“Oklahoma!,” Rodgers and Hammerstein’s first musical, was brought to Music Mountain Theatre in Lambertville, where audiences were met with a musical and entertaining evening from director Michael Moeller.
Taking place in 1906 in the title setting, cowboy Curly McLain (Harrison Pharamond) wonders onto the farm of Laurey Williams (Kristen VonWachenfeldt) in hopes of taking her to the box social dance that evening.
Local women attending the dance will bring picnic baskets to be auctioned off to men throughout the town to raise money for a local schoolhouse. The men who win the auction for the picnic baskets also win a lunch date with the women who prepared it.
Pharamond opens the musical with “Oh What a Beautiful Mornin’.” Pharamond does not project enough, like other musical numbers throughout the production, but makes up for it with his acting. Throughout the entire production, Pharamond has you believe in his character fully and truly embodies an early 20th-century cowboy.
When Curly arrives to the farm in hopes of courting Laurey, he is met by Laurey’s loveable Aunt Eller (Joan Hoffman). The two exchange a humorous banter until Laurey makes her entrance onstage.
VonWachenfeldt, who dazzles with her lovely singing voice throughout the entire production, plays the young and hopeful farm girl who turns down Curly’s proposition to the box social after she feels that he has waited too long to ask her.
Curly tells Laurey he has gotten the nicest carriage money can buy and the two break out into song with Aunt Eller (“The Surrey with the Fringe on Top”). But when Laurey keeps egging on Curly about the carriage, he claims he made the entire thing up. She exits the stage with the offer for the date to the box social still declined, not knowing Curly did, in fact, rent the carriage for the evening.
The farm hand Jud Fry (Karl Weigand), who is disturbingly obsessed with Laurey, asks her to the box social following those events. Laurey agrees to spite Curly, even though she is utterly terrified of Jud – which she admits to Aunt Eller later.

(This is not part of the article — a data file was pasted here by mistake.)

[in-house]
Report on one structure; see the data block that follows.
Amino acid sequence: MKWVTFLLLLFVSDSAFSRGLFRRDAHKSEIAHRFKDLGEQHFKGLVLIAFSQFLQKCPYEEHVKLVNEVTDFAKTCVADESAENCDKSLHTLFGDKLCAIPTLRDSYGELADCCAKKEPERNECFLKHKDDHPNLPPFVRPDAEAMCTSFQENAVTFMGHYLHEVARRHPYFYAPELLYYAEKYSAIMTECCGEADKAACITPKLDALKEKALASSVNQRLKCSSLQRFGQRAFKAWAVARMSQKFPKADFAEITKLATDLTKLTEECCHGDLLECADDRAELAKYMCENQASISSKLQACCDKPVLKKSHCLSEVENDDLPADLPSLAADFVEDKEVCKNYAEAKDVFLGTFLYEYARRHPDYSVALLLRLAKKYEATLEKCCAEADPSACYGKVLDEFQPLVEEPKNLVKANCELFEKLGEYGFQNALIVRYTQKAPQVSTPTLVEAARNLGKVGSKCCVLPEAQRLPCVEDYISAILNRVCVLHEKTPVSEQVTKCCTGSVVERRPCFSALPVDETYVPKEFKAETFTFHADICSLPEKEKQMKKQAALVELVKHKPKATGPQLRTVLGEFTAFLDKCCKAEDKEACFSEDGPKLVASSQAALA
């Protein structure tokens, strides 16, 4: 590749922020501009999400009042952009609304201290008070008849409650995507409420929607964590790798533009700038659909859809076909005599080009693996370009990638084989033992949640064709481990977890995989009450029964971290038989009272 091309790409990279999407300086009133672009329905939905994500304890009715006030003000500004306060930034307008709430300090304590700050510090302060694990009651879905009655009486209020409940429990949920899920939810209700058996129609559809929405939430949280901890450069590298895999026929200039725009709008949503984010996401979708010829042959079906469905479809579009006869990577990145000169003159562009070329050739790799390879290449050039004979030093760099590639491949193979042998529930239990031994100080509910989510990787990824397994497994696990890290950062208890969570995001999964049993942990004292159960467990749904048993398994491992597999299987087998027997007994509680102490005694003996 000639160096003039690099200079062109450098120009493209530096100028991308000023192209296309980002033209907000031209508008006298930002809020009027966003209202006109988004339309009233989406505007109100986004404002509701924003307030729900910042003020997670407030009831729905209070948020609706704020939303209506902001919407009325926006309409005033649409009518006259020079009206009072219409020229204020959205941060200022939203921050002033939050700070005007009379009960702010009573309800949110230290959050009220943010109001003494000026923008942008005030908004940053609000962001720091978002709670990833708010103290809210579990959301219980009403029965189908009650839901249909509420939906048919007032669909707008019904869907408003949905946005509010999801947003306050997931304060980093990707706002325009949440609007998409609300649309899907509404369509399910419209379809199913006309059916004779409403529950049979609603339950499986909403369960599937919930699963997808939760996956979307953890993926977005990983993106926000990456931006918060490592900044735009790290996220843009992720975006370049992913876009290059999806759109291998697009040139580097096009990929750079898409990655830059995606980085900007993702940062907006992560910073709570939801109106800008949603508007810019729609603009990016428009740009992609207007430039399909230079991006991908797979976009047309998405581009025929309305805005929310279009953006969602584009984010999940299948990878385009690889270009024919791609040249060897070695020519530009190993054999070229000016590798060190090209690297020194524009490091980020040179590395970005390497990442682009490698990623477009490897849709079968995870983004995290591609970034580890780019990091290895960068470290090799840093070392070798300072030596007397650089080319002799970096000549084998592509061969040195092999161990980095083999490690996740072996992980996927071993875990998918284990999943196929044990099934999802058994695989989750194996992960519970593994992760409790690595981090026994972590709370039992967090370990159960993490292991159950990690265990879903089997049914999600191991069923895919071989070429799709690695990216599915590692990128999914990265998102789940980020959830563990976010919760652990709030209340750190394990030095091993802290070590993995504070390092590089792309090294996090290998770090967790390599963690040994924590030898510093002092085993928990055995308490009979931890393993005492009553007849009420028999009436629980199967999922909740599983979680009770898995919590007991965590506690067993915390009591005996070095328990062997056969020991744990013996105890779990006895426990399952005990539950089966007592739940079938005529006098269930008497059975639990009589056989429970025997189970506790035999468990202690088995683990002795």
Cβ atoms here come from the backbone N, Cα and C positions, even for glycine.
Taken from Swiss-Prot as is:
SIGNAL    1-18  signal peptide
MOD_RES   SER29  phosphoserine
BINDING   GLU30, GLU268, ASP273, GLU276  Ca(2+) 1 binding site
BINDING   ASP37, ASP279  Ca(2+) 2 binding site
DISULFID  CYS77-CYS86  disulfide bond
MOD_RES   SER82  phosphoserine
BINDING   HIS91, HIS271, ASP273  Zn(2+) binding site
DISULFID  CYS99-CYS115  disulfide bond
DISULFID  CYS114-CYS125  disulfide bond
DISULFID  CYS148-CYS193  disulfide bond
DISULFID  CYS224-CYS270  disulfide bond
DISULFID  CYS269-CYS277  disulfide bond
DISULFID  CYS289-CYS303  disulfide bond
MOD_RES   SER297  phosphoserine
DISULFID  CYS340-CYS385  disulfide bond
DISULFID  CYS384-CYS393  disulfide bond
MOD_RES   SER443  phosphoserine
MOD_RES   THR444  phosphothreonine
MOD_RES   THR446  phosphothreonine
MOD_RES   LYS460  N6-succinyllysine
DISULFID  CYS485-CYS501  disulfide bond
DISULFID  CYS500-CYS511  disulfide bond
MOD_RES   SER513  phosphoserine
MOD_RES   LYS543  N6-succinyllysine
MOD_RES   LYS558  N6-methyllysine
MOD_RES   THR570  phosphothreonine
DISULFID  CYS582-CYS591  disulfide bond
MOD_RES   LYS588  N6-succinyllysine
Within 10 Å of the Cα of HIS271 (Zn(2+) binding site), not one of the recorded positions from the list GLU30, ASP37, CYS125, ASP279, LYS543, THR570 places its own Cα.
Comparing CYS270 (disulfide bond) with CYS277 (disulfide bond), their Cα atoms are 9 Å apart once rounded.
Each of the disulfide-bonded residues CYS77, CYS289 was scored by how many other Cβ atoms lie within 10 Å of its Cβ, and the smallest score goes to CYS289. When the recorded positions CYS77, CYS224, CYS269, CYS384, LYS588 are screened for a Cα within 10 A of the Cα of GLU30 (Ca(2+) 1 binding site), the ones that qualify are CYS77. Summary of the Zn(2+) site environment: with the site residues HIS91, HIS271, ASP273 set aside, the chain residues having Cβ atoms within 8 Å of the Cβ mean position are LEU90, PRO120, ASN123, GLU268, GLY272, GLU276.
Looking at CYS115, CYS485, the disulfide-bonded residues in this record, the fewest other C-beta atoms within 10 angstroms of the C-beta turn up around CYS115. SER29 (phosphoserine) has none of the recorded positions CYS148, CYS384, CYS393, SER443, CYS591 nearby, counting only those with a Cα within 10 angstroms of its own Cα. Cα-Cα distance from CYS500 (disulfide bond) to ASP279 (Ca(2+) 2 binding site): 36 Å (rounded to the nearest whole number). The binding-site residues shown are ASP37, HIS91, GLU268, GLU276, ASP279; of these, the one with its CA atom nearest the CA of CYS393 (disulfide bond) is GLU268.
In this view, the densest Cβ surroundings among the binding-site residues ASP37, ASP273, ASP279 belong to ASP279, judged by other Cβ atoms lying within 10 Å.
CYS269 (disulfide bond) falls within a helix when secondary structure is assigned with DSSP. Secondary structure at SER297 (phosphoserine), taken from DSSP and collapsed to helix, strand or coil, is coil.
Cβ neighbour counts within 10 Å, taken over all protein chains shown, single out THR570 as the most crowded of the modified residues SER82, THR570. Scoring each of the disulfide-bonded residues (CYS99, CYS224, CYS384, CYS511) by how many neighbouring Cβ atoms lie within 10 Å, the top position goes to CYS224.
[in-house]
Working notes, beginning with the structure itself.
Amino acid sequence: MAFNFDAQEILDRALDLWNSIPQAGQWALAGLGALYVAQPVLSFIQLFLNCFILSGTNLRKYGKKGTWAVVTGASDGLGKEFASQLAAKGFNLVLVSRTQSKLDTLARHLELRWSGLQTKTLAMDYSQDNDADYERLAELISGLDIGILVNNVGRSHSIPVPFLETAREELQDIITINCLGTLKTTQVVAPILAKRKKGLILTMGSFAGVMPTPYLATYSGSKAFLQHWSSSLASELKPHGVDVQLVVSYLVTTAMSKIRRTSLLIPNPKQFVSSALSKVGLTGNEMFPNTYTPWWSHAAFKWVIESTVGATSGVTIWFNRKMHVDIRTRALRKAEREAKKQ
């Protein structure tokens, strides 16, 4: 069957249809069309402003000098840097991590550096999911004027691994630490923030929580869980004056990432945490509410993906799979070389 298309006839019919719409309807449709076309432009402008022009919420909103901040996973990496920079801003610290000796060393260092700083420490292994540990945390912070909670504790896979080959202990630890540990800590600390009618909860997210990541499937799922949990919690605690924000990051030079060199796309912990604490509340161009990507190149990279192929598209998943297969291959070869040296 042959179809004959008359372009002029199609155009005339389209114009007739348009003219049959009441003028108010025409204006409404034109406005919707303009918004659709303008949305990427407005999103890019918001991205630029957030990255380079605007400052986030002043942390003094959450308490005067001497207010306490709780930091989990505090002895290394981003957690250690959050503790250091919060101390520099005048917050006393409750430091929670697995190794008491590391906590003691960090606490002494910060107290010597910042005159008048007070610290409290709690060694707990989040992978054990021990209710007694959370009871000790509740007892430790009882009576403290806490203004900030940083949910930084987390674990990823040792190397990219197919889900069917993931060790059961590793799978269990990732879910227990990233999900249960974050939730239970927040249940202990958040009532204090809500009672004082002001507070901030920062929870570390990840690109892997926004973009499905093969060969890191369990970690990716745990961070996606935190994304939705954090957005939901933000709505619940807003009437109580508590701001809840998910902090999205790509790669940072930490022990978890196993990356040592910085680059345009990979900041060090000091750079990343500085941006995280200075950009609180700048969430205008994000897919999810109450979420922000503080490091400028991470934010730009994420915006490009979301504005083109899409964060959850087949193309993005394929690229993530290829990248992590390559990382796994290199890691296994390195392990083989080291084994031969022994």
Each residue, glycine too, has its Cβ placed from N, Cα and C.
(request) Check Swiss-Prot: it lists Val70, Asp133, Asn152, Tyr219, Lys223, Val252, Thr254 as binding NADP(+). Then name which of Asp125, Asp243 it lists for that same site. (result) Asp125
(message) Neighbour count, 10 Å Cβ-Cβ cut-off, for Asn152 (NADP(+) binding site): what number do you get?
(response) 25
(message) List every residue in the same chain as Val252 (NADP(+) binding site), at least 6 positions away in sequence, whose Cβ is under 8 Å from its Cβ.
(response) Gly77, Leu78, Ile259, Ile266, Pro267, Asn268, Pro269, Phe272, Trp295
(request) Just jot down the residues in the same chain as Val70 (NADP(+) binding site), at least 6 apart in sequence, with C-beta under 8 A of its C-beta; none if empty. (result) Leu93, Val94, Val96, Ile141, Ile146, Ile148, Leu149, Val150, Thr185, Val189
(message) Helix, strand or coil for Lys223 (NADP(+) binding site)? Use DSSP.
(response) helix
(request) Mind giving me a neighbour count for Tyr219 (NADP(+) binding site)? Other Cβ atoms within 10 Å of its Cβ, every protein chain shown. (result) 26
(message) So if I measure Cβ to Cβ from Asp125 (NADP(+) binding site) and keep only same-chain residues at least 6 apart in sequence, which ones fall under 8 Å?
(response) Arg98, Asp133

In the interim, cowboy Will Parker (Matthew Robertson) returns from his trip from Kansas City. While away, Will won $50 from a competition at a fair. This is the same amount of money his girlfriend’s father, Andrew Carnes (Roger Madding), claimed he needed to obtain to marry his daughter, Ado Annie (Jaime Gedders).
Little does Will know, Ado Annie has been seeing Ali Hakim (Rhett Commodaro), a Persian peddler, who seems to only be interested in one thing, but Ado Annie wants more. She confesses to Laurey she has feelings for both men. But after Andrew Carnes discovers his daughter with Ali Hakim, he forces him at gunpoint to agree to marry Ado Annie.
Back on Aunt Eller’s farm, Curly confirms Laurey is going to the box social with Jud. Trying to convince her to leave Jud in the wayside and go to the dance with him, Laurey continues to fear Jud and tells Curly she can’t break off the promised date.
Curly, who refuses to take no as an answer, goes to Jud in the smoke house, where he resides, to try and convince him himself to back off Laurey. Curly tries to convince Jud to kill himself so everyone will realize how much they care about him.
The conversation between the two of them eventually turns to Laurey and it becomes ugly. Curly leaves and Jud makes a promise to himself to make Laurey his bride. He breaks out into “Lonely Room,” and it was my personal favorite of the entire production.
Weigand’s portrayal of Jud was the best part of the musical. He not only flawlessly portrays a mentally challenged, terrifying and hulking farm hand, but Weigand has a tremendous singing voice, as well. He was truly the highlight of the production.
After becoming confused with who she should take to the dance, Laurey purchases smelling salts from the Persian peddler Ali Hakim, who claims they come from ancient Egypt and anyone who smells them will be able to decide what choice they should make when faced with a tough decision.
Laurey smells the salts before the dance and immediately falls asleep. In a dream sequence that begins with Laurey about to marry Curly, it quickly takes a dark turn when Jud appears and kills Curly. Jud drags Laurey off to a strip club and forces her to work with the rest of the dancers. When trying to escape, Jud will not let her go and forces himself upon her, pinning her down onto the floor.
Laurey wakes up and is now sure Curly is the right man for her. But as the curtain closes on the first act, Jud arrives to escort Laurey off to the box social.
Deven Byrnes, the choreographer of the production, makes the musical just mesmerizing. Every dance number was completely in sync and the entire dream sequence was a wonderful ballet performance where you just could not look away. Music Mountain Theatre’s “Oklahoma!” would not be authentic without Byrnes.
“Rodgers and Hammerstein’s Oklahoma!,” continues at Music Mountain Theatre, 1483 Route 179 Lambertsville, through Aug. 19. For tickets and information, go to www.musicmountaintheatre.org; 609-397-3337.